By Tim Barker
Gun Tote’n Mamas Rolling Range Bag
Turbulent times have injected even more uncertainty into the retail gun market — with shop owners forced to play a wait-and-see game which, they hope, will eventually lead to a new and predictable normal.
Gun sales remain well off the record pace seen prior to the current Trump presidency. But it doesn’t mean there aren’t profitable selling opportunities. Many of them are found not with handguns themselves, but rather with the accessories that go with the guns, shared Jason Gentz, manager of Arnzen Arms in Eden Prairie, Minn.
“When you sell them a firearm, that’s great,” Gentz said. “But there’s money to be made with all the accessories. The profit margins are almost double once you add in a holster and a magazine.”
His thoughts are echoed by Larry Hyatt, owner of Hyatt Guns in Charlotte, N.C. It’s an area that can’t be overlooked by gun store owners in an environment where gun sales have slowed.
“I don’t know if you can make it today in the gun business just on guns,” admitted Hyatt, whose family has owned the store since his father opened it in the 1950s.
The accessories category is such a wide-open subject it can mean many things to different people. And the experiences of both stores demonstrate the importance of figuring out what’s going to work for your customer base.
Jason Gentz of Arnzen Arms says profit margins are “almost double” once you add in
a holster and magazine to a handgun sale. At Arnzen, in-store events represent the
top sales generator.
At Hyatt, this starts with a quick assessment of the customers and their experience level with firearms. The veteran shoppers tend to already own a fair number of accessories. It’s the new gun owner who represents the strongest potential for add-on sales.
Hyatt and staff encourage those customers to leave the store with at least a couple of boxes of practice ammo as well as self-defense rounds. They’re also more than likely to purchase holsters and cleaning supplies.
But the sales aren’t automatic. Consider the customer standing in front of you with a new, and very clean, handgun. The thought that it’s going to get dirty may not even occur to them.
“You’ve got help them visualize why they’re going to need a cleaning kit,” Hyatt said.
The same goes for a holster. Some may need to be reminded they can’t carry their gun around in a cardboard box. He urges his salespeople to walk onto the sales floor to grab the right holster and show the customer what it looks like with their gun inside.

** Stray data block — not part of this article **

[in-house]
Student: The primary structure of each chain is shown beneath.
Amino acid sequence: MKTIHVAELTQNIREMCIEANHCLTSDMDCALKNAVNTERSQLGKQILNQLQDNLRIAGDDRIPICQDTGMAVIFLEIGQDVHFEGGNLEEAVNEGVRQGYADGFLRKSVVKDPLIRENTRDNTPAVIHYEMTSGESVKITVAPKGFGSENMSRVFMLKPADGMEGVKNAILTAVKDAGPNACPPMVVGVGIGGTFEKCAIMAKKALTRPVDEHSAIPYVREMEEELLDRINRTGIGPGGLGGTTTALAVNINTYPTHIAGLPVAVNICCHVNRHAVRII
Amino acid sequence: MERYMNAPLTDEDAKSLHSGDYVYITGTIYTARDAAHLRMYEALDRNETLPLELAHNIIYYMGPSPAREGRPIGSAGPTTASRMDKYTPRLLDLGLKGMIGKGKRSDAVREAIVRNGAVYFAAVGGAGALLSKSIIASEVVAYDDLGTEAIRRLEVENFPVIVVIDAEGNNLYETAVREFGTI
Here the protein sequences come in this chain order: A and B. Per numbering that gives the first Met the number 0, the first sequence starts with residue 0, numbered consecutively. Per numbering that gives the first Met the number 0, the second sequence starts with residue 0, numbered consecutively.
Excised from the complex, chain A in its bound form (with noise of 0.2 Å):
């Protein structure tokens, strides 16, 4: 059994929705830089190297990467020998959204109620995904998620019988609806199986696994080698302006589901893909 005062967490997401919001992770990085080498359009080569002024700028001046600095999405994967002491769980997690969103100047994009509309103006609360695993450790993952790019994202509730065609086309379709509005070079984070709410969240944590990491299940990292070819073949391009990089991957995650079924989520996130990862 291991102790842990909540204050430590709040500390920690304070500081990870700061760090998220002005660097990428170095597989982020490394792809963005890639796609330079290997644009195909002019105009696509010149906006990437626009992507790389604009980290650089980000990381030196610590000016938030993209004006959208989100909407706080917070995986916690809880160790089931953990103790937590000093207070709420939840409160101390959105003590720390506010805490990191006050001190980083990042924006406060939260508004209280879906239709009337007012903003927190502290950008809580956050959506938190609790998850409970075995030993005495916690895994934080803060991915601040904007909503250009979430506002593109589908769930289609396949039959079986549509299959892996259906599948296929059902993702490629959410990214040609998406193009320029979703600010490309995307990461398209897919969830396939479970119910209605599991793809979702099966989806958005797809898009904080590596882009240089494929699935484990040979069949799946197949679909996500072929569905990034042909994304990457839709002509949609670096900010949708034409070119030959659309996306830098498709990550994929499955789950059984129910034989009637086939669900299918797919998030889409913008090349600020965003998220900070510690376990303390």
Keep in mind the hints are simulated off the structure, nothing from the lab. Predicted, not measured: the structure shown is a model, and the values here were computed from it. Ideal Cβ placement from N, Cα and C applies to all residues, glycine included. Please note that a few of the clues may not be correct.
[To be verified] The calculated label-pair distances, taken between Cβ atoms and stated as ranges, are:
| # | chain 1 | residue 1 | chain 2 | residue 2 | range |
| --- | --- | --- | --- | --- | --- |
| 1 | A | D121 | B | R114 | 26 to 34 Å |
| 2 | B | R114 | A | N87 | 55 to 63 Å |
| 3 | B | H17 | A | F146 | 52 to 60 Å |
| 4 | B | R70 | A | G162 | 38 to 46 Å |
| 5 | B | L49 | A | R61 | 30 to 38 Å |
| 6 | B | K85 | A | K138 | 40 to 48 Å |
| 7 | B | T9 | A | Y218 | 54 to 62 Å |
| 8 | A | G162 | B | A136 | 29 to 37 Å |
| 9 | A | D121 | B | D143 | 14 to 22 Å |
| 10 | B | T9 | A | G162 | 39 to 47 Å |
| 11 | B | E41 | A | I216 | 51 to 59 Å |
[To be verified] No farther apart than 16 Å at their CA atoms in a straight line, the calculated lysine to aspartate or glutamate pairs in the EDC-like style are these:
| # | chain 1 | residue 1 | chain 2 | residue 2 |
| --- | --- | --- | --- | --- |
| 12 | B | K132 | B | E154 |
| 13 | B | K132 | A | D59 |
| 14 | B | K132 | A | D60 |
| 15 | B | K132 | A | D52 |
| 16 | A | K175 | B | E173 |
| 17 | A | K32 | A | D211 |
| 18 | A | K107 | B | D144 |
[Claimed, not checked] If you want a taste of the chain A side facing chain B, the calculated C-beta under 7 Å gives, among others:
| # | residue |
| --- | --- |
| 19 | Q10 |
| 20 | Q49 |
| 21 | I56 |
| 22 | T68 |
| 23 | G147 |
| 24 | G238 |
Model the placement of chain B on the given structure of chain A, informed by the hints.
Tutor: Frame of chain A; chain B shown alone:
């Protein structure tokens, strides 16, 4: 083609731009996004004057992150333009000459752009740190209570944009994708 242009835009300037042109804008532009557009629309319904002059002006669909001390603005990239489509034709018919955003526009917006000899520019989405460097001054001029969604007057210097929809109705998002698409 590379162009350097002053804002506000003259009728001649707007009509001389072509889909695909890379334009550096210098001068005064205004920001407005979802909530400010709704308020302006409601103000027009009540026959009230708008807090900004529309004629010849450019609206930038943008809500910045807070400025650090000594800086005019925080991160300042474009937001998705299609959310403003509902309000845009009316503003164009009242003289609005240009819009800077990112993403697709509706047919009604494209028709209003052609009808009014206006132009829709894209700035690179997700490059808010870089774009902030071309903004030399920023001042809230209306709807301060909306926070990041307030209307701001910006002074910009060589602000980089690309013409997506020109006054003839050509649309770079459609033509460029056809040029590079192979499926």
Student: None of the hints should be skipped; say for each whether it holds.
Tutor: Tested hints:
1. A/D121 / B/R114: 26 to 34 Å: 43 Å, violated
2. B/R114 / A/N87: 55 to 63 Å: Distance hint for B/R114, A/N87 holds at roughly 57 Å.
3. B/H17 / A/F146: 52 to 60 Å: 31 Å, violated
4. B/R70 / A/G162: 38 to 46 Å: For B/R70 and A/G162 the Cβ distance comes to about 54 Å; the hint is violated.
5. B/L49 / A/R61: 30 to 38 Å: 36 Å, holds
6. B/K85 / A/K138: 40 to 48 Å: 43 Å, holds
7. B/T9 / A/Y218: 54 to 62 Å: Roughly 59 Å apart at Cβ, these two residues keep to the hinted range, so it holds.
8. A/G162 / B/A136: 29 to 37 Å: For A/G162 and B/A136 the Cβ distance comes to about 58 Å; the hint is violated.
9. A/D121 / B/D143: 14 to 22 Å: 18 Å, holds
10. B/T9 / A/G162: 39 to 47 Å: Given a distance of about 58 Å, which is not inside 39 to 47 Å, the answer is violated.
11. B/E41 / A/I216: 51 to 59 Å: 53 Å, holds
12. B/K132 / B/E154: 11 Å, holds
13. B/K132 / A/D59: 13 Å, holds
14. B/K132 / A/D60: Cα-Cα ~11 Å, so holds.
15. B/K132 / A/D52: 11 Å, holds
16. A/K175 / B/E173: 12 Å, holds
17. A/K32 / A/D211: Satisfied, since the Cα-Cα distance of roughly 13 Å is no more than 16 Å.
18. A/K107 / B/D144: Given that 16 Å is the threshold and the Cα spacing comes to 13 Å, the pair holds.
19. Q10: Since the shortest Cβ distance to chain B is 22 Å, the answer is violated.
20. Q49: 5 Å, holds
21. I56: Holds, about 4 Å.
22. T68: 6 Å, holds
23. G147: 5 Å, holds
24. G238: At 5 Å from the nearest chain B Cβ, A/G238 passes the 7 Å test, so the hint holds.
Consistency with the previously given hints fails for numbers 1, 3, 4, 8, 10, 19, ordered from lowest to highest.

“You’re not trying to get them to buy stuff they don’t need. You’re trying to show them what they’ll actually use,” he shared. “They’re going to buy it somewhere; we’d rather they buy it here.”
The store’s top handgun accessory is the holster. Some of the industry’s top brands — including Safariland and Galco — are stocked, but among the top sellers is a line of less expensive holsters by Lynx.
“It’s a good way to help a customer get their first holster before they go out and spend $60 or $80 on a leather one,” Hyatt advised.
At Minnesota’s Arnzen Arms, holsters are also the top-selling handgun accessory, with strong sales to both concealed-carry shoppers and competition shooters. Top brands include Blade-Tech, DeSantis and Comp-Tac.
As part of an effort to cater to the women who increasingly shop at the store, they stock holsters designed for purse-carry. For a time, Arnzen tried to offer a small selection of purses made for concealed carry, but found it a tough market.
“Purses are a very personal thing,” Gentz recognized. “There’s a market there, but I think you’d have to carry the entire line.”
Shield Sights RMSc
Other Key Sellers
Runner-up for top accessory is the weapon lights category, with Arnzen carrying models from SureFire, Streamlight and Viridian. While they stock lasers for customers who want them, Gentz informed it’s not a product the store typically promotes. Among other things, they worry a laser might discourage a newer gun owner from really learning the firearm.
“Proper pistol use is knowing it from start to finish, including the sights,” Gentz noted.